Retailers near one of the new Lidl US stores set prices for key staples up to 55% lower compared to markets without a Lidl, according to a new study by the University of North Carolina.
The study, authored by Katrijn Gielens, associate professor of marketing at UNC’s Kenan-Flagler Business School analyzed prices at 12 markets, six with a Lidl and six without, in Virginia, North Carolina and South Carolina.
Analysis included 48 products, including dairy, meat, produce, canned and frozen goods collected during store checks.
“We know that the supermarket chains systematically compete with each other on price,” Gielens said, in a news release. “In fact, the competitive price-cutting effect of Lidl’s entry in a market is more than three times stronger than the effect of a Walmart’s entry in a new market reported by previous academic work.”
Researchers found the cheapest baskets were consistently at Lidl, with prices 25% lower on average than competitors, with conventional supermarkets like Kroger and Publix “markedly” higher.
Hard discounter Aldi, a Lidl competitor in Europe and elsewhere, isn’t safe from the affect of a new Lidl in town. While Aldi has operated in the U.S. for decades, the Batavia, Ill.-based retailer is still a newcomer in many markets, with aggressive expansion plans over the next several years.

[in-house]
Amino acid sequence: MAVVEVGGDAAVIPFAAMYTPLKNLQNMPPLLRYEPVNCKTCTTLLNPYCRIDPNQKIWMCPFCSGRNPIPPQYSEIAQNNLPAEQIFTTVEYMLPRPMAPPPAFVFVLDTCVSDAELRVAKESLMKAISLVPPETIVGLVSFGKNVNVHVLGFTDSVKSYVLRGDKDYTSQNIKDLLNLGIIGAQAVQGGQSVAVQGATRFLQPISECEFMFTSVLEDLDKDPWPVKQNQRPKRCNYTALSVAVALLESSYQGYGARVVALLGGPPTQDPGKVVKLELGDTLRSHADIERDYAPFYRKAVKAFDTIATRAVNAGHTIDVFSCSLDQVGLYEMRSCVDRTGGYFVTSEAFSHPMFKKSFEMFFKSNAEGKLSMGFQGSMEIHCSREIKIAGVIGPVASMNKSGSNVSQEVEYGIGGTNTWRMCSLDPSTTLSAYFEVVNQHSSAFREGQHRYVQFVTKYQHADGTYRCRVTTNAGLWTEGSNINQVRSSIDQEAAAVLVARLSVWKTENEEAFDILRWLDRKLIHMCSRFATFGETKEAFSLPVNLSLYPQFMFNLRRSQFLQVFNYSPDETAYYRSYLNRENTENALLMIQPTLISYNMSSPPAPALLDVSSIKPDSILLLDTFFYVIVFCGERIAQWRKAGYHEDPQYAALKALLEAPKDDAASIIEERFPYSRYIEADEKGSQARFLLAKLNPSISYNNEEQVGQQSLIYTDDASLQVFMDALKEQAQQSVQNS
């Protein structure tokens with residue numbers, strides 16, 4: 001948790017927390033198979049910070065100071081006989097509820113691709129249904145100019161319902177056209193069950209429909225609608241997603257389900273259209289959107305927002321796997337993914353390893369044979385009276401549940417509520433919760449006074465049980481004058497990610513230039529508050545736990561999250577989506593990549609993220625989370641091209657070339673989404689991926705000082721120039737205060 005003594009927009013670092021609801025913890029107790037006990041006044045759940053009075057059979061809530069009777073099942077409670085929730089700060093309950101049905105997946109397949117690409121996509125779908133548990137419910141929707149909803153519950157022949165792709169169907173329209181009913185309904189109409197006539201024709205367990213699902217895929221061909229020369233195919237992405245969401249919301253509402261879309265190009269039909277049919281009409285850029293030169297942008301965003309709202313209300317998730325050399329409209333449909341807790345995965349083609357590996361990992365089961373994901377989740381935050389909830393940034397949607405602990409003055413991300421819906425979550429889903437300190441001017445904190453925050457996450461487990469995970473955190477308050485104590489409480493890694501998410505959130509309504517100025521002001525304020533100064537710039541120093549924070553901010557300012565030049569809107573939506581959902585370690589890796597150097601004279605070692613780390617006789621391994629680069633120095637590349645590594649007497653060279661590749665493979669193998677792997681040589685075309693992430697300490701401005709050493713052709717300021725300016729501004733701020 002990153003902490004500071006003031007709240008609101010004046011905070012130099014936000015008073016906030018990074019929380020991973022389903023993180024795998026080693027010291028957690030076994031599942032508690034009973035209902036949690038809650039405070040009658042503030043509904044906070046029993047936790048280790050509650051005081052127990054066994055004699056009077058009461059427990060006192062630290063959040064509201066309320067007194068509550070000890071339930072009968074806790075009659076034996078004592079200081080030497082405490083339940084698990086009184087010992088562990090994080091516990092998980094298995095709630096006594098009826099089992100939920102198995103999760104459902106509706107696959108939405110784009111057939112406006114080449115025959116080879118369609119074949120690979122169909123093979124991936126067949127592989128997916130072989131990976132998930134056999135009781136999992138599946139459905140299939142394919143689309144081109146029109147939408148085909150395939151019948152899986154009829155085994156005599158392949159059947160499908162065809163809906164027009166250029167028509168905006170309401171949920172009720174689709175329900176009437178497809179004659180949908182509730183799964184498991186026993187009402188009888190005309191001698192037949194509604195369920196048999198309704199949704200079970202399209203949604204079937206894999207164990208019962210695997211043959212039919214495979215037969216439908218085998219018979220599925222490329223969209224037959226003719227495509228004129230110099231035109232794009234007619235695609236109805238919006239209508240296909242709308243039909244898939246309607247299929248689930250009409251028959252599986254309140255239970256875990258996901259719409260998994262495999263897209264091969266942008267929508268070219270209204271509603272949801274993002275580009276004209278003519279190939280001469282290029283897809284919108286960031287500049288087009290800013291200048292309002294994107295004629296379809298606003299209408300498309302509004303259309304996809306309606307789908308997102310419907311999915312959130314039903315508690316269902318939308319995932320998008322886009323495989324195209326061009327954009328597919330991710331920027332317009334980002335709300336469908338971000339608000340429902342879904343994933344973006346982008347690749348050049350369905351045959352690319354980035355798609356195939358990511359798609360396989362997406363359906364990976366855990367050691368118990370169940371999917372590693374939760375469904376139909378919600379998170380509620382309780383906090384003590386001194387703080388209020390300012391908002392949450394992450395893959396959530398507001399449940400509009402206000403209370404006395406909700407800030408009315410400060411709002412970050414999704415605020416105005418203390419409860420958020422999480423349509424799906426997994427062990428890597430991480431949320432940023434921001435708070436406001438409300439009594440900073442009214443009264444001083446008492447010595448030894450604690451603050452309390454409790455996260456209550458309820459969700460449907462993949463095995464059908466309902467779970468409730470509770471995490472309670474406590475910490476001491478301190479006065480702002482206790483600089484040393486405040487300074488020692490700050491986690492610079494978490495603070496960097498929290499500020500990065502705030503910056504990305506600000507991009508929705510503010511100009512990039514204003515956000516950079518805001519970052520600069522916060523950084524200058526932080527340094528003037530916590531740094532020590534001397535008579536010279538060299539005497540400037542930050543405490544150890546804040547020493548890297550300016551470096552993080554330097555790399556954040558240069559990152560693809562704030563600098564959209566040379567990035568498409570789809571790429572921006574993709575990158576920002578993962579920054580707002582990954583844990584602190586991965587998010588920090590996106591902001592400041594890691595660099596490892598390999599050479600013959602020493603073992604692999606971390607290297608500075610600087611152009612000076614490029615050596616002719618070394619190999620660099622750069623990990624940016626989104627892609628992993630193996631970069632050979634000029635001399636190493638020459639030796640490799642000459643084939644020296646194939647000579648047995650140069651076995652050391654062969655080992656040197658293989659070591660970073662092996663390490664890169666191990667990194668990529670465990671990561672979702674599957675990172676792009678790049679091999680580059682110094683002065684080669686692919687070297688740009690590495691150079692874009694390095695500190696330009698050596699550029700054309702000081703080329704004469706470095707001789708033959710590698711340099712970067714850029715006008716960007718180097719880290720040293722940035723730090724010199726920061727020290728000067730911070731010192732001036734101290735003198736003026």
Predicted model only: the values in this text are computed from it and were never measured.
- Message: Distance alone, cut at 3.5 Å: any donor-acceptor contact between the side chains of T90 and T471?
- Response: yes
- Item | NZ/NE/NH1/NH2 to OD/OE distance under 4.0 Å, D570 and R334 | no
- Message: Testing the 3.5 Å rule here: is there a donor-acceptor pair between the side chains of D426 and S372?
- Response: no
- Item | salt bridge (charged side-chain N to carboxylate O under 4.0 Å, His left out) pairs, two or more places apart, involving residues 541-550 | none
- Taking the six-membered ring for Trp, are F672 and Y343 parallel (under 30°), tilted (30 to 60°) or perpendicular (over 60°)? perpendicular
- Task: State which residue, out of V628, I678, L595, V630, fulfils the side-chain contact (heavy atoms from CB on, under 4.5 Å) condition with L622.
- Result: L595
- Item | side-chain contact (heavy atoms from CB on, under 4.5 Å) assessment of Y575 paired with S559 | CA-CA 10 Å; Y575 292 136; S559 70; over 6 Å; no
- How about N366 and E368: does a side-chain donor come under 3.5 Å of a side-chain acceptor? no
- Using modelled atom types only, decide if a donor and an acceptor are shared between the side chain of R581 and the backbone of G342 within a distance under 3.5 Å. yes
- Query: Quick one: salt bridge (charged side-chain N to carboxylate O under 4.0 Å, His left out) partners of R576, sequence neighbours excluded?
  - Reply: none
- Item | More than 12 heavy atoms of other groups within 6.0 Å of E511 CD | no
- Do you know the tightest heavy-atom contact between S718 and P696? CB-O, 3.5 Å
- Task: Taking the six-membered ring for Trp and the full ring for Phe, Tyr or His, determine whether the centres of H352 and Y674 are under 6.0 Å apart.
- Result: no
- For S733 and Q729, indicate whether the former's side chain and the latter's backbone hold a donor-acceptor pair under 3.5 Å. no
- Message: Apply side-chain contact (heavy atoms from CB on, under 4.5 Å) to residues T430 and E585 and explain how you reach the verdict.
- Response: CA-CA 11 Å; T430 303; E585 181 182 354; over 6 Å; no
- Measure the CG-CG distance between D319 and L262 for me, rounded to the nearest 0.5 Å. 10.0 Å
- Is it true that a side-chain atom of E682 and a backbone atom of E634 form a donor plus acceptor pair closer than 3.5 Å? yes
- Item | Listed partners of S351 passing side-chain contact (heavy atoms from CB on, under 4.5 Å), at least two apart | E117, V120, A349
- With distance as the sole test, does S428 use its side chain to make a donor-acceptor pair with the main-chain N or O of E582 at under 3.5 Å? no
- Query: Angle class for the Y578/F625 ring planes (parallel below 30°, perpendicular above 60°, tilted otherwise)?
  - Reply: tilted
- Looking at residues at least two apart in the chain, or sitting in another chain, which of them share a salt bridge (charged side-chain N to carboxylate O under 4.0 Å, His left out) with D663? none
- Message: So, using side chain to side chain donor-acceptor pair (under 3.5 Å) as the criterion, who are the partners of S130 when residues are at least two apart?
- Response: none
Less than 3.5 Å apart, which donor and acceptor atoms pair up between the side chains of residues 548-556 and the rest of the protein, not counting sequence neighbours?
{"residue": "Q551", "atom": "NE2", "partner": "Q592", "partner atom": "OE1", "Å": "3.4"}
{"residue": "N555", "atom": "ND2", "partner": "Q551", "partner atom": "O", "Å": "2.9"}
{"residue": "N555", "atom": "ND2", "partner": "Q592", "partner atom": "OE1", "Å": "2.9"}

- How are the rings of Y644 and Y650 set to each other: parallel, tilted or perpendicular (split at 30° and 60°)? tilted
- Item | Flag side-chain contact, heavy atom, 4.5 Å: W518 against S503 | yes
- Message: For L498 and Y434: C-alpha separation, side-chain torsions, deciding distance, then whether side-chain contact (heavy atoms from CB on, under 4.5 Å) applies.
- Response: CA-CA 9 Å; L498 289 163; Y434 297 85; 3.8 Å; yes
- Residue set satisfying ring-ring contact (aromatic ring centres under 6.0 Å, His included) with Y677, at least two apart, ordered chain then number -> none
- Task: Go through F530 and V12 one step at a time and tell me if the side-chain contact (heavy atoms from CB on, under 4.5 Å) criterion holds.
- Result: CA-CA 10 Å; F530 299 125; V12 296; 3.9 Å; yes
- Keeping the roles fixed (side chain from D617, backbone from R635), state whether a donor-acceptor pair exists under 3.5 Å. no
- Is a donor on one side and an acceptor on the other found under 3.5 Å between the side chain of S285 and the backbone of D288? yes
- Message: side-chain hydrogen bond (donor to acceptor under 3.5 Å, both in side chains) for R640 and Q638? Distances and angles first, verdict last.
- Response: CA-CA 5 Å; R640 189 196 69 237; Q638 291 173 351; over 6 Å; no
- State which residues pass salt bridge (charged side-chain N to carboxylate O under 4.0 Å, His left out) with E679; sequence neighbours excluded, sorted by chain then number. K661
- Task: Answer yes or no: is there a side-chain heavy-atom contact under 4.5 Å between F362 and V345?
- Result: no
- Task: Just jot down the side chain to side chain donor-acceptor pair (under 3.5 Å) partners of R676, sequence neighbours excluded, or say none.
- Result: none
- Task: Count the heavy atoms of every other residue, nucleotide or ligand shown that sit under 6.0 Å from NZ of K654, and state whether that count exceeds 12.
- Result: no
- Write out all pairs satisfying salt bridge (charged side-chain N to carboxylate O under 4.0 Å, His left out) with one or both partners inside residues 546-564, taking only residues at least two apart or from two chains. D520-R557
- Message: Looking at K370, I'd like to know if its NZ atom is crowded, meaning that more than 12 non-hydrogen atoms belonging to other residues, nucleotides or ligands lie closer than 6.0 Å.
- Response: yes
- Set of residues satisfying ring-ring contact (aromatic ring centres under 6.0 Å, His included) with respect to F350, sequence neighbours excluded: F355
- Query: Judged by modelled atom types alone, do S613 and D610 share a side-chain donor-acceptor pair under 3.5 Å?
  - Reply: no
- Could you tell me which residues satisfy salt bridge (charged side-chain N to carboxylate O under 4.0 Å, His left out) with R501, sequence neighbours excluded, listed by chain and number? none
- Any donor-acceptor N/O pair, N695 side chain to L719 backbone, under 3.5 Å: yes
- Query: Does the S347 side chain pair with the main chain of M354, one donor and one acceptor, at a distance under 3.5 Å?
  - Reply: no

Aldi’s prices were found to be 19% lower in markets with a Lidl, and Food Lion and Kroger were 15% and 13% lower respectively.
Walmart and Publix lowered their prices 4%.
Coverage of Lidl’s entry into the U.S. has been both positive and negative. The company reportedly is pulling back on some locations, and reducing the size of new builds in a reevaluation of its strategy. A Bloomberg report also suggests the market share Lidl has gained over the past six- to eight months is significant.
According to a Second Measure study of credit-card purchases in Winston-Salem, North Carolina, Lidl picked up 3% of market share among local competitors.